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Forget all those productivity tips that focus on focus, insisting you avoid distractions. Yes, outstanding work requires focus. But it also needs times when you let your mind wander, for relief and inspiration.

That advice comes from Alice Boyes, a New Zealand psychologist who believes we need a kinder, gentler and more realistic approach to our productivity efforts. She points to Lin-Manuel Miranda, who, struggling for inspiration, took a beach vacation, read Ron Chernow’s biography of Alexander Hamilton, and came up with an odd but ultimately wildly successful idea for his next musical.

“When experts explain how important the unfocused mind is to productivity, what they often gloss over is how much courage it takes to harness its potential. Modern productivity culture gives us the message that focus and rigid habits are safe goals. But to be your most productive, you will need to devote time to being unfocused,” she advises in her new book, Stress-Free Productivity.

She argues consistent daily habits are overrated as keys to productivity. Being too habit-bound can reduce how often you have the novel experiences essential for creativity. Trying to keep those habits afloat can stress you out. The habits can sometimes deter you from giving priority to important matters or make your days seem monotonous, everything passing by in a blur.

Habits also require a certain temperament; some people are more spontaneous, some habit-oriented, and so you could be fighting your own essence in trying to follow the dictums of other productivity gurus to develop a habit-infused life. “I’m not saying that habits aren’t important. They are, but they’re not everything,” she says.

Big successes often come from behaviours that at the start seem like an inefficient use of your time. Success isn’t about taking an efficient approach to everything, she insists. Learning a new skill is an example; the start can be slow, seeming inefficient, but the results profound.

As well, being tightly focused on optimizing every second of your day can make you miserable. Being excessively time-focused is lousy for your relationships. Other people won’t fall neatly in line with your priorities and schedule, only making you more miserable. “Time management strategies like time boxing (scheduling what you’ll do for every hour of your day) can be useful. Taking them too far and trying to apply them perfectly is counter-productivity,” she writes.

As well, you don’t need to be productive every day to have a successful career. She notes that the trajectory of someone’s success is largely determined by a few pivotal moves each year. Most productivity advice ignores that reality, overvaluing consistency – which is an unachievable dream and contrary to the natural ups and downs of life and human psychology. “People ask themselves, ‘How can I be consistently productive’ without asking themselves, ‘Do I need to consistently productive?’” she writes.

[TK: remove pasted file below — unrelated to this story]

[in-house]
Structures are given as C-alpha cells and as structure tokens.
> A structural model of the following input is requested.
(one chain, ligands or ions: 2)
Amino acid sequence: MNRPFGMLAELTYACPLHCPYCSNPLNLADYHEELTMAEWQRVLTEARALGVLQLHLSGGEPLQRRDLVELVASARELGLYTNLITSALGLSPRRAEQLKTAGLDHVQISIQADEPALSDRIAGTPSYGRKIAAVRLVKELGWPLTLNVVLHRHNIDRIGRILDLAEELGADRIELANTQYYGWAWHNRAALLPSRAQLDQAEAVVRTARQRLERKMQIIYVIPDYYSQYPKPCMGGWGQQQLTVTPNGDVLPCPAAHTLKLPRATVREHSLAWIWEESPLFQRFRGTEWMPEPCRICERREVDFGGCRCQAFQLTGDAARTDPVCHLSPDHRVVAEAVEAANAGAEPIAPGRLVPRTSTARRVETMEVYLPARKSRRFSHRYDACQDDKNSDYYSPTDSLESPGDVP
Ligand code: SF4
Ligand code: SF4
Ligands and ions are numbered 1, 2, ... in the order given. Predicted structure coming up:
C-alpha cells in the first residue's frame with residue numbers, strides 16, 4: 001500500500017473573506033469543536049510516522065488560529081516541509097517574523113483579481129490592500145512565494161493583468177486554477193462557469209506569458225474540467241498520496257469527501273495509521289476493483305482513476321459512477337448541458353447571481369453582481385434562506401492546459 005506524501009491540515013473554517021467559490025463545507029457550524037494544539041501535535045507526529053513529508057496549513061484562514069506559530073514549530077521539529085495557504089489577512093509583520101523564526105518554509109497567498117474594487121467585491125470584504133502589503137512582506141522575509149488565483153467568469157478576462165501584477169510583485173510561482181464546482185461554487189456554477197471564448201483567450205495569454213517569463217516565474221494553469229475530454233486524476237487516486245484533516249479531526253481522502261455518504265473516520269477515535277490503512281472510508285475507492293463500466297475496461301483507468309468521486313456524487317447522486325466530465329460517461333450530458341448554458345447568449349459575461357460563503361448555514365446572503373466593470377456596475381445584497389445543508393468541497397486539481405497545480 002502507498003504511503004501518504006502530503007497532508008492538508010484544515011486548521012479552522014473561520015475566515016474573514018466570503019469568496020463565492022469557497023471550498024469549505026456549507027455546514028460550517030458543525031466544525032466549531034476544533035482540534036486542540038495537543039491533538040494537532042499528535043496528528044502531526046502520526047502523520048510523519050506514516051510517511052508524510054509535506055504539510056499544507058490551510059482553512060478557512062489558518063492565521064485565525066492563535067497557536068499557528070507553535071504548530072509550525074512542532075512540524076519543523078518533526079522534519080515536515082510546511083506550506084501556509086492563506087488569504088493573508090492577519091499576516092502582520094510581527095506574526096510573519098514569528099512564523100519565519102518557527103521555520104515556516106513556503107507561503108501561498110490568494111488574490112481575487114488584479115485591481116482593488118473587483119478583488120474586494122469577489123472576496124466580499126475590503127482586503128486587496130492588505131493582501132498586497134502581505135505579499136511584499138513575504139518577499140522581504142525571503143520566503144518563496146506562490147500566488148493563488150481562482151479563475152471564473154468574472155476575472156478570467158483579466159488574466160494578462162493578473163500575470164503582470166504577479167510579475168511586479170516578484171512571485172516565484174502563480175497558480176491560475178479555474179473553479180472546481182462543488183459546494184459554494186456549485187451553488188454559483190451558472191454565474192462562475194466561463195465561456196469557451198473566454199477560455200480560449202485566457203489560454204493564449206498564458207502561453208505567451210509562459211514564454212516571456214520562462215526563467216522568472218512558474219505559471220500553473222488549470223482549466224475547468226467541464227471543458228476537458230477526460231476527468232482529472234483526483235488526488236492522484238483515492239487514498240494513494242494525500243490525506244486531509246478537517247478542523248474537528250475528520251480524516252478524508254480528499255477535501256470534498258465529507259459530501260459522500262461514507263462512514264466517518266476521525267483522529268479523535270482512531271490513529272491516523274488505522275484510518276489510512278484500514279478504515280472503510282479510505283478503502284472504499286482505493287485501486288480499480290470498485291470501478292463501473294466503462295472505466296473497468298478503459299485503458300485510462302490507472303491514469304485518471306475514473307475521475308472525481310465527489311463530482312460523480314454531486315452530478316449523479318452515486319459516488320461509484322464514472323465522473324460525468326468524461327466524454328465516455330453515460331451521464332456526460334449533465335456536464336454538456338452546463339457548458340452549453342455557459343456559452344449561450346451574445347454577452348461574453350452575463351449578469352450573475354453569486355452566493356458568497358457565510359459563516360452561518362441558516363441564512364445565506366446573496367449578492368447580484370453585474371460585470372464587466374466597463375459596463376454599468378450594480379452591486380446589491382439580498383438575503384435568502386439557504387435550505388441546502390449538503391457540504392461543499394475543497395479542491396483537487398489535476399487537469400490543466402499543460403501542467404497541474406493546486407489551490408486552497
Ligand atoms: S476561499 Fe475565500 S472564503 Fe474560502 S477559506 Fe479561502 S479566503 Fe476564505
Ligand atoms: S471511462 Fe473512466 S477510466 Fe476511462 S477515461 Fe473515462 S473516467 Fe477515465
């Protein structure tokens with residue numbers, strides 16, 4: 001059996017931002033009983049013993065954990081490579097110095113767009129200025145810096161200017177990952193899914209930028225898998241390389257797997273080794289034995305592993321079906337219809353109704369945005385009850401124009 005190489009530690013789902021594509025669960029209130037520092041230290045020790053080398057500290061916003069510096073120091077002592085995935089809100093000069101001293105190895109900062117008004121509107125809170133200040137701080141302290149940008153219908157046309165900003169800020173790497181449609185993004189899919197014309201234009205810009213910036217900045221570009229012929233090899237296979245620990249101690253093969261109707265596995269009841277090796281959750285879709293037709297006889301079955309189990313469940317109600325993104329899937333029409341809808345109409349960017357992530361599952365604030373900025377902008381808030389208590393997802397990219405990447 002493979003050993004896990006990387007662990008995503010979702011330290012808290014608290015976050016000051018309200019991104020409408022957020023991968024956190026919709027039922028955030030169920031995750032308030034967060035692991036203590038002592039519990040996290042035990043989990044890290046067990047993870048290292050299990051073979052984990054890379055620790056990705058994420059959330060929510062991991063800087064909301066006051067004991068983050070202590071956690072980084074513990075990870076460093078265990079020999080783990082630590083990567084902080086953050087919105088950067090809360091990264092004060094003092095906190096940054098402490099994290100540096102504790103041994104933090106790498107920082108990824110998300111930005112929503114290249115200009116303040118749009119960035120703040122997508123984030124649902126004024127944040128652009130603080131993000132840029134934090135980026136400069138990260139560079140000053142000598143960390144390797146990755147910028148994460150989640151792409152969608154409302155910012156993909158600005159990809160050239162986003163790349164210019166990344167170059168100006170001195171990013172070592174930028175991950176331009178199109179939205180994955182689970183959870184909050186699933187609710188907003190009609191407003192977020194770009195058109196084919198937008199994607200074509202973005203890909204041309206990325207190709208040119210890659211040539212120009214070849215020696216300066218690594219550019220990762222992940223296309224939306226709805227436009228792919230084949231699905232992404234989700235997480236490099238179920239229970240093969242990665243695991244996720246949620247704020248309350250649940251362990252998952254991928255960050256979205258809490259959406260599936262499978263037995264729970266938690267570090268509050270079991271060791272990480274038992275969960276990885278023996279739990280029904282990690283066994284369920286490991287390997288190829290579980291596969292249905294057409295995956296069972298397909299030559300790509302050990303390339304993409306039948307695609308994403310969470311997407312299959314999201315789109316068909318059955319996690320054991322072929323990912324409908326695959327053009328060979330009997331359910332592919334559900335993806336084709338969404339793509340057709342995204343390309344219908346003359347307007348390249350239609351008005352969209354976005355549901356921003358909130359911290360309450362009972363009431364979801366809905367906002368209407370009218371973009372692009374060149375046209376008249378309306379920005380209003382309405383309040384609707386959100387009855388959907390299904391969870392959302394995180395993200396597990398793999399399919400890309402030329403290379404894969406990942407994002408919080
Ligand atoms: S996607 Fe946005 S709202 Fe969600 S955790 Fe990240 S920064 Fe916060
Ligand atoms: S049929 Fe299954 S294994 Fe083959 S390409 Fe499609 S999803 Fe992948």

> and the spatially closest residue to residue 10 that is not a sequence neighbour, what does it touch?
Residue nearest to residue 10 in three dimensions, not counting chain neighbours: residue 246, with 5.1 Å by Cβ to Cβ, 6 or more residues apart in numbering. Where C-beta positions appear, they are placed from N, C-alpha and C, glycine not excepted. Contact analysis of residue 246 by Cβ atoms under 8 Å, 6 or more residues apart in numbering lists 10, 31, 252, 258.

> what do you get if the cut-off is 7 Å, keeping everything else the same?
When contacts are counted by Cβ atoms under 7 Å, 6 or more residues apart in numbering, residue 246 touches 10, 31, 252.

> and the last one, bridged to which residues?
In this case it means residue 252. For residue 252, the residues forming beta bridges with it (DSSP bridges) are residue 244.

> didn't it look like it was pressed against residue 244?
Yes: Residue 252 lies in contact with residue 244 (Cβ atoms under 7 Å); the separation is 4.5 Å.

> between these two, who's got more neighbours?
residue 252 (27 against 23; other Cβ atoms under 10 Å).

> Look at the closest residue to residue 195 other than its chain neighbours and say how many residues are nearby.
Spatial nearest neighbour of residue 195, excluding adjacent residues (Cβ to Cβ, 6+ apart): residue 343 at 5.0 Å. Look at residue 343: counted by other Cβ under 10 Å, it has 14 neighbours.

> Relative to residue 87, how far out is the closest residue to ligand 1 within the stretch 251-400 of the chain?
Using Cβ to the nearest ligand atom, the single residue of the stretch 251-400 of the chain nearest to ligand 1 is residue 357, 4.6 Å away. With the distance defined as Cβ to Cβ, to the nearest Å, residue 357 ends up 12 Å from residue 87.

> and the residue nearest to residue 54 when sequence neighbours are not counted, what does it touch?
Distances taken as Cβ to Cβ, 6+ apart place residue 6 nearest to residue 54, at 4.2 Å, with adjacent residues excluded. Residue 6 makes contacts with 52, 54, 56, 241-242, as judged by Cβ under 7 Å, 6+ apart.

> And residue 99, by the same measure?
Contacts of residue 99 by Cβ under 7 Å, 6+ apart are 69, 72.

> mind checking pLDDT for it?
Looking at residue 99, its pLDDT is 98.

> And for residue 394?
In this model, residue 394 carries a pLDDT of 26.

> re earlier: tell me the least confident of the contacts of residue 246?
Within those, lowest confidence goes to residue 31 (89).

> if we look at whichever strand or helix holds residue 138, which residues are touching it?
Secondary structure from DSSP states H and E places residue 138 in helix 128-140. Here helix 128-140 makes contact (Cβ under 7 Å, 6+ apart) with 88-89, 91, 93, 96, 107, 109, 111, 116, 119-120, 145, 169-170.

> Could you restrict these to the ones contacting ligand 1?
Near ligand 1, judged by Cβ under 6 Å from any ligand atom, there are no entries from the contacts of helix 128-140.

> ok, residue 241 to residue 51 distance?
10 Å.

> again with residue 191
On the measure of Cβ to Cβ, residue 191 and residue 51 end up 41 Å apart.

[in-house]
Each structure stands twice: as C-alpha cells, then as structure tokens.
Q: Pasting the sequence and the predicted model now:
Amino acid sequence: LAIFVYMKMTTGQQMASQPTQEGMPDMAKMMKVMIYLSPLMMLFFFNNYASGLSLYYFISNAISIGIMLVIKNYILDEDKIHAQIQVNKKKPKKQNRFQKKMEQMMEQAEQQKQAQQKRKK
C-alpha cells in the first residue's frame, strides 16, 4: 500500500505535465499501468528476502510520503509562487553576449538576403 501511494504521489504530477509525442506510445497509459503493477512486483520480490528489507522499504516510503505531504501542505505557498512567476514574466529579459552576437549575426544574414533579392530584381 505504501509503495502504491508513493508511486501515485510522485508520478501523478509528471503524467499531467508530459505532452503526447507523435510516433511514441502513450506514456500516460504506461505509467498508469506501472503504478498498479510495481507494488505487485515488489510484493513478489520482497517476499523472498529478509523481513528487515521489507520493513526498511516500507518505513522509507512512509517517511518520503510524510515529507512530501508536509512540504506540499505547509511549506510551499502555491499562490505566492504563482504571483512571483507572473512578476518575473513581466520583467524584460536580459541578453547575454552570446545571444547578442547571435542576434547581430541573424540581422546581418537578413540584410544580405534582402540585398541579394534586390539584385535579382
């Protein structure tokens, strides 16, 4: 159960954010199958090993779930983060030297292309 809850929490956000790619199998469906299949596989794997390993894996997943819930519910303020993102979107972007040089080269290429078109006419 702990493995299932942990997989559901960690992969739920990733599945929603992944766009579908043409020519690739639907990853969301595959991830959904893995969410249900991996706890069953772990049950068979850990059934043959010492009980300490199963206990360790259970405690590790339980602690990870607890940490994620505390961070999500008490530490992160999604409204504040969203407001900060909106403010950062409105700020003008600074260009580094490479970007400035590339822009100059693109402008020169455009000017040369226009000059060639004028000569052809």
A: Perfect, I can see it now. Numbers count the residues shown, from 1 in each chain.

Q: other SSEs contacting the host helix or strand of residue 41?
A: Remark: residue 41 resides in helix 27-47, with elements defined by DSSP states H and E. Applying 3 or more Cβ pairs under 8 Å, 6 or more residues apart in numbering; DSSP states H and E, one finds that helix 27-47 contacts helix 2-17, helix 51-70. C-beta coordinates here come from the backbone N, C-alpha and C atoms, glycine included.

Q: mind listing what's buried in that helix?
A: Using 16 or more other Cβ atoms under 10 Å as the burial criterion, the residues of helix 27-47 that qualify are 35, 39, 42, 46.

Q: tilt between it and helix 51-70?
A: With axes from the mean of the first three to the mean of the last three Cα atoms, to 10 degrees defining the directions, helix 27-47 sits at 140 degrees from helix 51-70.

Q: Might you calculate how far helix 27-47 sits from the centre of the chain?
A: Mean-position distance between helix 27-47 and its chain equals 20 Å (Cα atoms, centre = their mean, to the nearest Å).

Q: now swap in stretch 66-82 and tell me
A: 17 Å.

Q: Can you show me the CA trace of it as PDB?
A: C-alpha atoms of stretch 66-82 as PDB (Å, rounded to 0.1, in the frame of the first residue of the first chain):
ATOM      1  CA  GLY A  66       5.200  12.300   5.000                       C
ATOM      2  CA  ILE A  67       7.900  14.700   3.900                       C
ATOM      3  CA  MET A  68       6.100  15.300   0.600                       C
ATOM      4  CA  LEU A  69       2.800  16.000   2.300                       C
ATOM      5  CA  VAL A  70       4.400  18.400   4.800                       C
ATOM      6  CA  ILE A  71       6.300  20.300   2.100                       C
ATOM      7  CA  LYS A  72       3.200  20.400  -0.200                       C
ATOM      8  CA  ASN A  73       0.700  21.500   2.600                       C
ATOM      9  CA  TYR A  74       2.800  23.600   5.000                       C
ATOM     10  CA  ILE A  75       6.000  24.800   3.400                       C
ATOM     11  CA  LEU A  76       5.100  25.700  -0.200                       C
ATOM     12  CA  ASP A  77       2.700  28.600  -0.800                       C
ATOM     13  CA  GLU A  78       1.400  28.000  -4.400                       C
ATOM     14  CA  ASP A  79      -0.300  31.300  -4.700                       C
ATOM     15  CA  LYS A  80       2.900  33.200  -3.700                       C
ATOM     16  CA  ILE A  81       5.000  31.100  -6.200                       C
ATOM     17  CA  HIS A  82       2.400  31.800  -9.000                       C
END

In fact you don’t need to be. And trying to be consistently productive can have a detrimental effect. One prime example: You’ll talk yourself out of following an obsessive interest in some tangential matter that could be as profound for your career as with Mr. Miranda reading that biography. Big leaps in success often come from trying things that are new to you or undertaking challenging long-term projects. It takes courage, not consistency, to pursue such pivotal moments.

Another misconception is that maximum productivity does not come from conceiving a plan for yourself and executing it without wavering. Productive paths have changes in direction that are not immediately productive but optimal for your career. You need to follow your nose when a piece of work you did is surprisingly impactful, you revise your opinion of your strengths, or your instinct tells you to grab an unexpected opportunity.

Keep agile. Be productive, but not necessarily every moment. And be wary of some of the productivity nostrums you have imbibed.

Quick hits

  • One technique for avoiding the dominance of technology in your life is when you have a big writing task to turn to pen and paper. Clodagh Beaty, co-creator of the Emotional Salary Barometer, looks for somewhere different to write in such situations, ideally outside in nature – away from the distractions a computer can offer.
  • The prevailing wisdom is often the prevailing prejudice, and proving it wrong can be a source of great advantage, notes consultant Wally Bock. If you want to go against the prevailing culture, see if you can use one of that culture’s strong beliefs to make your case.
  • Marketers are returning to traditional advertising with those ads experiencing increased engagement. They also offer increased trust, with print and television advertising the top two trusted sources, business professors Christine Moorman and Nader Tavassoli and research fellow Megan Ryan report in Harvard Business Review.
  • Knee-jerk is not an admirable trait, says entrepreneur Seth Godin. Pause and wait for five beats before you issue a diagnosis on some proposal or rip into someone, allowing more thought and human connection.

Harvey Schachter is a Kingston-based writer specializing in management issues. He, along with Sheelagh Whittaker, former CEO of both EDS Canada and Cancom, are the authors of When Harvey Didn’t Meet Sheelagh: Emails on Leadership.

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